Thinking about something in endless circles â€” is exhausting.
While everyone overthinks a few things once in a while, chronic over-thinkers spend most of their waking time ruminating, which puts pressure on themselves. They then mistake that pressure to be stress.
Overthinking can take many forms: endlessly deliberating when making a decision (and then questioning the decision), attempting to read minds, trying to predict the future, reading into the smallest of details, etc.
People who overthink consistently run commentaries in their heads, criticising and picking apart what they said and did yesterday, terrified that they look bad â€” and fretting about a terrible future that might await them.
â€˜What ifsâ€™ and â€˜shouldsâ€™ dominate their thinking, as if an invisible jury is sitting in judgement on their lives. And they also agonise over what to post online because they are deeply concerned about how other people will interpret their posts and updates.
They donâ€™t sleep well because ruminating and worrying keep them awake at night. â€œRuminators repetitively go over events, asking big questions: Why did that happen? What does it mean?â€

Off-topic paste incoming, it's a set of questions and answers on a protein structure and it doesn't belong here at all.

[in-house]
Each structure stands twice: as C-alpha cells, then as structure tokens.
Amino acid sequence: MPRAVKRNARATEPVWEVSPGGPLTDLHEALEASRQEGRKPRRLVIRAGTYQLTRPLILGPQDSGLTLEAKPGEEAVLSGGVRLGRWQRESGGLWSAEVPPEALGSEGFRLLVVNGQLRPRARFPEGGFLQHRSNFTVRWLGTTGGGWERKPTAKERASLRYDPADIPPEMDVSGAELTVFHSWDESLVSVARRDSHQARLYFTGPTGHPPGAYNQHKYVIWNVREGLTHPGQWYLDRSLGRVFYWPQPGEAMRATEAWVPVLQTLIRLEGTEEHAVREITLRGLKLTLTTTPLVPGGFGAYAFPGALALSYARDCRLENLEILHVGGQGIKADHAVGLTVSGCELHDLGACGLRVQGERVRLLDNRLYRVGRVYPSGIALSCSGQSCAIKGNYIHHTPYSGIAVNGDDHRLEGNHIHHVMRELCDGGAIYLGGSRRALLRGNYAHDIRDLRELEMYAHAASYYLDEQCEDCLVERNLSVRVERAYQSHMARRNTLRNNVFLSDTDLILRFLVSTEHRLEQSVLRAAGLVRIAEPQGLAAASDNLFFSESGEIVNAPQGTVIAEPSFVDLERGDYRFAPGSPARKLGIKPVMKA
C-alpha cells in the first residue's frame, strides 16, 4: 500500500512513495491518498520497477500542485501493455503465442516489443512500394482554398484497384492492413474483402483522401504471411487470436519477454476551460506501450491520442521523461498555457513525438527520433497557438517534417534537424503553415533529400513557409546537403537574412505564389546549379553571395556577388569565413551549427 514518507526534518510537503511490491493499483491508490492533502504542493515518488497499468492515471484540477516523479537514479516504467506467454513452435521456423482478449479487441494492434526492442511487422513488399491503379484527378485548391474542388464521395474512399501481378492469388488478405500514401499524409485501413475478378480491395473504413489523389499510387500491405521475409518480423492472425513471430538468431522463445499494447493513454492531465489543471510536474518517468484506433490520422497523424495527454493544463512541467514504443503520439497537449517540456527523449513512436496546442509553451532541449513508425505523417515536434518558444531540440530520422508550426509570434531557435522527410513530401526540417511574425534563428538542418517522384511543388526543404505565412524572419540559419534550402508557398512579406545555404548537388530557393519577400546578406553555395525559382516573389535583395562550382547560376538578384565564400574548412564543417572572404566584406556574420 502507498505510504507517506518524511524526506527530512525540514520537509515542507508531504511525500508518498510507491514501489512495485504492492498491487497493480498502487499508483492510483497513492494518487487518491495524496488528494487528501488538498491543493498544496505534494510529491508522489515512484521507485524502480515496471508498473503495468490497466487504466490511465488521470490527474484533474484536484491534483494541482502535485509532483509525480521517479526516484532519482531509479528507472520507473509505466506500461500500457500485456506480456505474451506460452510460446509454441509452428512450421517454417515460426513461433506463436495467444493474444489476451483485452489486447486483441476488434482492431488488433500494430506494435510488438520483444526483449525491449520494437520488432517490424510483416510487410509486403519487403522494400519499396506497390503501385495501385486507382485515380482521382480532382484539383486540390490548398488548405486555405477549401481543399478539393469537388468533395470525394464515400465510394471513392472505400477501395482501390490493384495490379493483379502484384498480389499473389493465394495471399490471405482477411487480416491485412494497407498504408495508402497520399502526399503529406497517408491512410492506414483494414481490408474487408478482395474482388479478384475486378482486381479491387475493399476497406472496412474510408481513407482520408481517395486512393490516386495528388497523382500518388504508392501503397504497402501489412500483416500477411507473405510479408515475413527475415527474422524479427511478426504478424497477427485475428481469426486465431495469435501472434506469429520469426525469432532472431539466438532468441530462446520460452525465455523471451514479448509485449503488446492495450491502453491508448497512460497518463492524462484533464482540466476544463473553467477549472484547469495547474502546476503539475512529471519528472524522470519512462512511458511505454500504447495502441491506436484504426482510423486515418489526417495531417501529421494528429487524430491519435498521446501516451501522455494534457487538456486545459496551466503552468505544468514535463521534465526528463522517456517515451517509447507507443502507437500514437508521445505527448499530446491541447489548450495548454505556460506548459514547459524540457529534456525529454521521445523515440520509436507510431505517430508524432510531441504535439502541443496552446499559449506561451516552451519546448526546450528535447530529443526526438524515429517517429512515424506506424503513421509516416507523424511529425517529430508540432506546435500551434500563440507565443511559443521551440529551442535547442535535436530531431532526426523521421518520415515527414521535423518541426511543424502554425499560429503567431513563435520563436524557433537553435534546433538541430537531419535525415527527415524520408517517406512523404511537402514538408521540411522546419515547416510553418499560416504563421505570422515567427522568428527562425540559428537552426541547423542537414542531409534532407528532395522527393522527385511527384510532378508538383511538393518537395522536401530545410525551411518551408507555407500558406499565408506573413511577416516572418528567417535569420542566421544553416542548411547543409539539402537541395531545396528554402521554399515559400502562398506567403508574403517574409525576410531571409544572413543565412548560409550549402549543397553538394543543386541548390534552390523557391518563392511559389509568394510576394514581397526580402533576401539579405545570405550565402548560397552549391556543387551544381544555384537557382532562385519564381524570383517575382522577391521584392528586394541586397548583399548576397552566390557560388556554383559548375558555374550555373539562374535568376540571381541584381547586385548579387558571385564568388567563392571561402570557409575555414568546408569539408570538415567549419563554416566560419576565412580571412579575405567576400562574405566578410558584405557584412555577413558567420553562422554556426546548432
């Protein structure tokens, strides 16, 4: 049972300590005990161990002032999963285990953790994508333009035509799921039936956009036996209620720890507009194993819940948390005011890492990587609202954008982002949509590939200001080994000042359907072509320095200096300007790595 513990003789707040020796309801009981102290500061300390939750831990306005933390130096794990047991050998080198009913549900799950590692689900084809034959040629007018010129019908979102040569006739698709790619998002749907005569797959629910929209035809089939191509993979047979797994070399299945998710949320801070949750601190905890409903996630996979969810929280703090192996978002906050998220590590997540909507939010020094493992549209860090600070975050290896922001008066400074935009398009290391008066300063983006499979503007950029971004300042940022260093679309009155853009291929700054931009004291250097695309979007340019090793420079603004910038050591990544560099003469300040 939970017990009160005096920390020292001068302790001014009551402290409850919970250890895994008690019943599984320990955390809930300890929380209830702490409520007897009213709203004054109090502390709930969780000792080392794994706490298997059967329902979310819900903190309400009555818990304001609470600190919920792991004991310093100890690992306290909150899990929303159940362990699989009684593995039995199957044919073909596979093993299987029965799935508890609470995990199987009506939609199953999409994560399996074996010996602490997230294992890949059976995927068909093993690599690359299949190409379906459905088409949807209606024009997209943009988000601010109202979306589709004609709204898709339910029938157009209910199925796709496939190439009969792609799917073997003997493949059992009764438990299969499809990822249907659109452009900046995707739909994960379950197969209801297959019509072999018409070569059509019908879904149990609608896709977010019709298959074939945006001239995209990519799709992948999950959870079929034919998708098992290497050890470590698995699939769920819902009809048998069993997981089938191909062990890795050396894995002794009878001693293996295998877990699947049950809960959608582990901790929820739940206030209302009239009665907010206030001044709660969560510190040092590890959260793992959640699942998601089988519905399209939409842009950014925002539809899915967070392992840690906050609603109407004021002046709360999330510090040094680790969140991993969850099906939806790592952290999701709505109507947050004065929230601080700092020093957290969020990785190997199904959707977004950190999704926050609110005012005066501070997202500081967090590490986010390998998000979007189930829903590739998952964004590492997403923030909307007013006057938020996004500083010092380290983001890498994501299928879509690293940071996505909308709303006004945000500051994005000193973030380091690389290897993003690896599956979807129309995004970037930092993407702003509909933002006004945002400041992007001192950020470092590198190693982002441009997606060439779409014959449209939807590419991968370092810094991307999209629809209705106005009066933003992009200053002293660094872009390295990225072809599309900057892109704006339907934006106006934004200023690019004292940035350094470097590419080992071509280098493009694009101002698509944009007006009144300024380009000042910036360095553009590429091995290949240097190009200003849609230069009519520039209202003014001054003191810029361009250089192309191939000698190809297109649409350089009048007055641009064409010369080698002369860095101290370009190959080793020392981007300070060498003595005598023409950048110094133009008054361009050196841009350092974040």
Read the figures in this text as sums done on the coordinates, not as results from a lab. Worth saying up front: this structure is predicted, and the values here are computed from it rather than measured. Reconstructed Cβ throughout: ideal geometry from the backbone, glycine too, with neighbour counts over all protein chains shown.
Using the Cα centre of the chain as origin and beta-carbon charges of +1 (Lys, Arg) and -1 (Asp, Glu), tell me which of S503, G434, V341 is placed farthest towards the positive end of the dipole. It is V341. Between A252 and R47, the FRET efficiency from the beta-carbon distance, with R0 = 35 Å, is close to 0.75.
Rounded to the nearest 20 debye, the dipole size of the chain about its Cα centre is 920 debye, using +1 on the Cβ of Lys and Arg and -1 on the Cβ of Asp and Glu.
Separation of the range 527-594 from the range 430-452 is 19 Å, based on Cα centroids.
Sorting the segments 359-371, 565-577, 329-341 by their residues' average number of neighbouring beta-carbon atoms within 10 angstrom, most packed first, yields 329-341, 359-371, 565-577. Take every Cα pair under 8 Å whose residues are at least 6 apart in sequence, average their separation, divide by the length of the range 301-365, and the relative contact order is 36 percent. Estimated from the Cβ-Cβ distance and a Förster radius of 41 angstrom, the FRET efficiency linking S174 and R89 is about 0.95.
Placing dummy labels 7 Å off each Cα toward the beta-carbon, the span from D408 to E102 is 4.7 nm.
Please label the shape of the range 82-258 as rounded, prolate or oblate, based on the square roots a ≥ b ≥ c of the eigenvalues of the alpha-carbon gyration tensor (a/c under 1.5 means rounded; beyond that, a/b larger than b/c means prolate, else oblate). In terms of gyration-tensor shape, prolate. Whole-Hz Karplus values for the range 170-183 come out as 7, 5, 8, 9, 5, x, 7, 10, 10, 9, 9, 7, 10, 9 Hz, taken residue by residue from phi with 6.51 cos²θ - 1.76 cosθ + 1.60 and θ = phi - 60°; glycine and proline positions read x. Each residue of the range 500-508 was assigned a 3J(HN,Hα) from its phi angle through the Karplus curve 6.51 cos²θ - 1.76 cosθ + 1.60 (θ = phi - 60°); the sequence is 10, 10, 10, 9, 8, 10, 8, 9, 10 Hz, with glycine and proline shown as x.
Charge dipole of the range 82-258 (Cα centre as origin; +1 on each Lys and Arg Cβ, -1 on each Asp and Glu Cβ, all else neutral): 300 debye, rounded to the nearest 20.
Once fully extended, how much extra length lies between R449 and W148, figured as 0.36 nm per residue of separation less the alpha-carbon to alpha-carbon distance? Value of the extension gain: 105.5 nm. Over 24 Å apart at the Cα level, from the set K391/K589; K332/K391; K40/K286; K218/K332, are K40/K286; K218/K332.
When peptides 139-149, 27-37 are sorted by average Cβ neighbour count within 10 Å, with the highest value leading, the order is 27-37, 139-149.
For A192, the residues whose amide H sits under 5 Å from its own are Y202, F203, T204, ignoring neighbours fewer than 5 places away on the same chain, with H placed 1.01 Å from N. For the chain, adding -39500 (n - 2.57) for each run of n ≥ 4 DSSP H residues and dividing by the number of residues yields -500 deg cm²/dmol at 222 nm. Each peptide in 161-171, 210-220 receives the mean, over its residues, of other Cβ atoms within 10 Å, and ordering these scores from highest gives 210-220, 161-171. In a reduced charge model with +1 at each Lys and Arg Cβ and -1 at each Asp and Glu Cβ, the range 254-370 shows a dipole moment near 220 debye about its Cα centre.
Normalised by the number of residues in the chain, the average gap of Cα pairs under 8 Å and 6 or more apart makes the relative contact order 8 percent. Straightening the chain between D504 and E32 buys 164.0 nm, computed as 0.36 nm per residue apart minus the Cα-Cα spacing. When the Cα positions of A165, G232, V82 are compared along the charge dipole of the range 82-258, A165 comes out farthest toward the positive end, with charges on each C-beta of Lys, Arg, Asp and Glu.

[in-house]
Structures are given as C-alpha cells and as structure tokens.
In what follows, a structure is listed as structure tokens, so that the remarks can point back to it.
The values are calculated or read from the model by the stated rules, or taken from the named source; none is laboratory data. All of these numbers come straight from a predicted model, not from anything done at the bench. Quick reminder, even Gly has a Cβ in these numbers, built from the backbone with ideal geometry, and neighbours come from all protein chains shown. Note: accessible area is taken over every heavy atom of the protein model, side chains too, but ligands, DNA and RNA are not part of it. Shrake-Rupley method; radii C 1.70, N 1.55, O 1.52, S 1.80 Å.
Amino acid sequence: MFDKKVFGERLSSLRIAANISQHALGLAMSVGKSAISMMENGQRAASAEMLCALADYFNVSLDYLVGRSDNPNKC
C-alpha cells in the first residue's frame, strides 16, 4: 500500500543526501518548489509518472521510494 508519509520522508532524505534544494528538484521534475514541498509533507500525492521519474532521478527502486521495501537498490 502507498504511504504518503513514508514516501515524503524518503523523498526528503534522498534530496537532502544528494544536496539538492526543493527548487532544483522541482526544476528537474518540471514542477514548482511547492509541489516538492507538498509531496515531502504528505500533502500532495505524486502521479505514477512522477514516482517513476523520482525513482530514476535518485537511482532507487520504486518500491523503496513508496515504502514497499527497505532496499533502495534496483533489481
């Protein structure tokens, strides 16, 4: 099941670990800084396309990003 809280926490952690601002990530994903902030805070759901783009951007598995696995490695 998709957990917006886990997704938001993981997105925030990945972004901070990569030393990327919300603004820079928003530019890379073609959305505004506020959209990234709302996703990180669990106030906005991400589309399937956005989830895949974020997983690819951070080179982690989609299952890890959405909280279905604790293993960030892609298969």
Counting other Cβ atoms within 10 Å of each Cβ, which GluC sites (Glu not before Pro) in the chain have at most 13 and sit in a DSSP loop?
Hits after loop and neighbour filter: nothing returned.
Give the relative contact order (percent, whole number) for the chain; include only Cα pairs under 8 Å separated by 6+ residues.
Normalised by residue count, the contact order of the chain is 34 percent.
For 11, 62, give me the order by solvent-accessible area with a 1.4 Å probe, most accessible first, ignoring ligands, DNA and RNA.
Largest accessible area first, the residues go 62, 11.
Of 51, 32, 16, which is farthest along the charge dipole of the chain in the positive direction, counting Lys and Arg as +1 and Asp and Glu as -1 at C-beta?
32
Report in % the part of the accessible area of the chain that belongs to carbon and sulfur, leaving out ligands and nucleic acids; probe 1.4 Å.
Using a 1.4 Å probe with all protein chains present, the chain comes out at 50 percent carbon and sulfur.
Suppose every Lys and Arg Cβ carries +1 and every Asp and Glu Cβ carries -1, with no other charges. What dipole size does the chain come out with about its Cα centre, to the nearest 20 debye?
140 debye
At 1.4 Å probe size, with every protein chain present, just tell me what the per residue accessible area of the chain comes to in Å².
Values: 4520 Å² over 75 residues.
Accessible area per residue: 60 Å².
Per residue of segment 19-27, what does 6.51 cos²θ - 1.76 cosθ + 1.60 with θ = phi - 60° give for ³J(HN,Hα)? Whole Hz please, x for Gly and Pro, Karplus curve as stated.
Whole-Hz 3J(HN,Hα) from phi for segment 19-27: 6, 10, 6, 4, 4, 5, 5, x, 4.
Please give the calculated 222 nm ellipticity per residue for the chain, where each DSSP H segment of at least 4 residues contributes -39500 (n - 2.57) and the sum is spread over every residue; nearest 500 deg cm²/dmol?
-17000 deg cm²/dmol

If you consistently focus on ruminating and make it a habit, it becomes a loop, And the more you do it, the harder it is to stop.
Overthinking is destructive and mentally draining. It can make you feel like youâ€™re stuck in one place, and if you donâ€™t act, it can greatly impact on your day-to-day life. It can quickly put your health and total well-being at risk. Rumination makes you more susceptible to depression and anxiety.
How to defeat this pattern of thinking and win your life back
Chronic worrying is not permanent. Itâ€™s a mental habit that can be broken. You can train your brain to look at life from a different perspective.
1.Replace the thought: You need to replace the thought.â€ What if she were to tell you to stop thinking about pink elephants? What are you going to think about? Thatâ€™s right: pink elephants. If you donâ€™t want to think about a pink elephant, conjure up an image of, say, a tortoise. â€œMaybe thereâ€™s a big tortoise holding a rose in its mouth as it crawls,â€ says Pittman. â€œYouâ€™re not thinking about pink elephants now.â€
2. Talk yourself out of it by noticing when youâ€™re stuck in your head: You can tame your overthinking habit if you can start taking a grip on your self-talk â€” that inner voice that provides a running monologue throughout the day and even into the night.
3. Ask yourself : Whatâ€™s the probability that what Iâ€™m scared of will actually happen? If the probability is low, what are some more likely outcomes?Â â€” Whatâ€™s the probability that what Iâ€™m scared of will actually happen? If the probability is low, what are some more likely outcomes?
Ask yourself â€” Whatâ€™s the probability that what Iâ€™m scared of will actually happen? If the probability is low, what are some more likely outcomes?
Recognise your brain is in overdrive or ruminating mode, and then try to snap out of it immediately. Or better still, distract yourself and redirect your attention to something else that requires focus.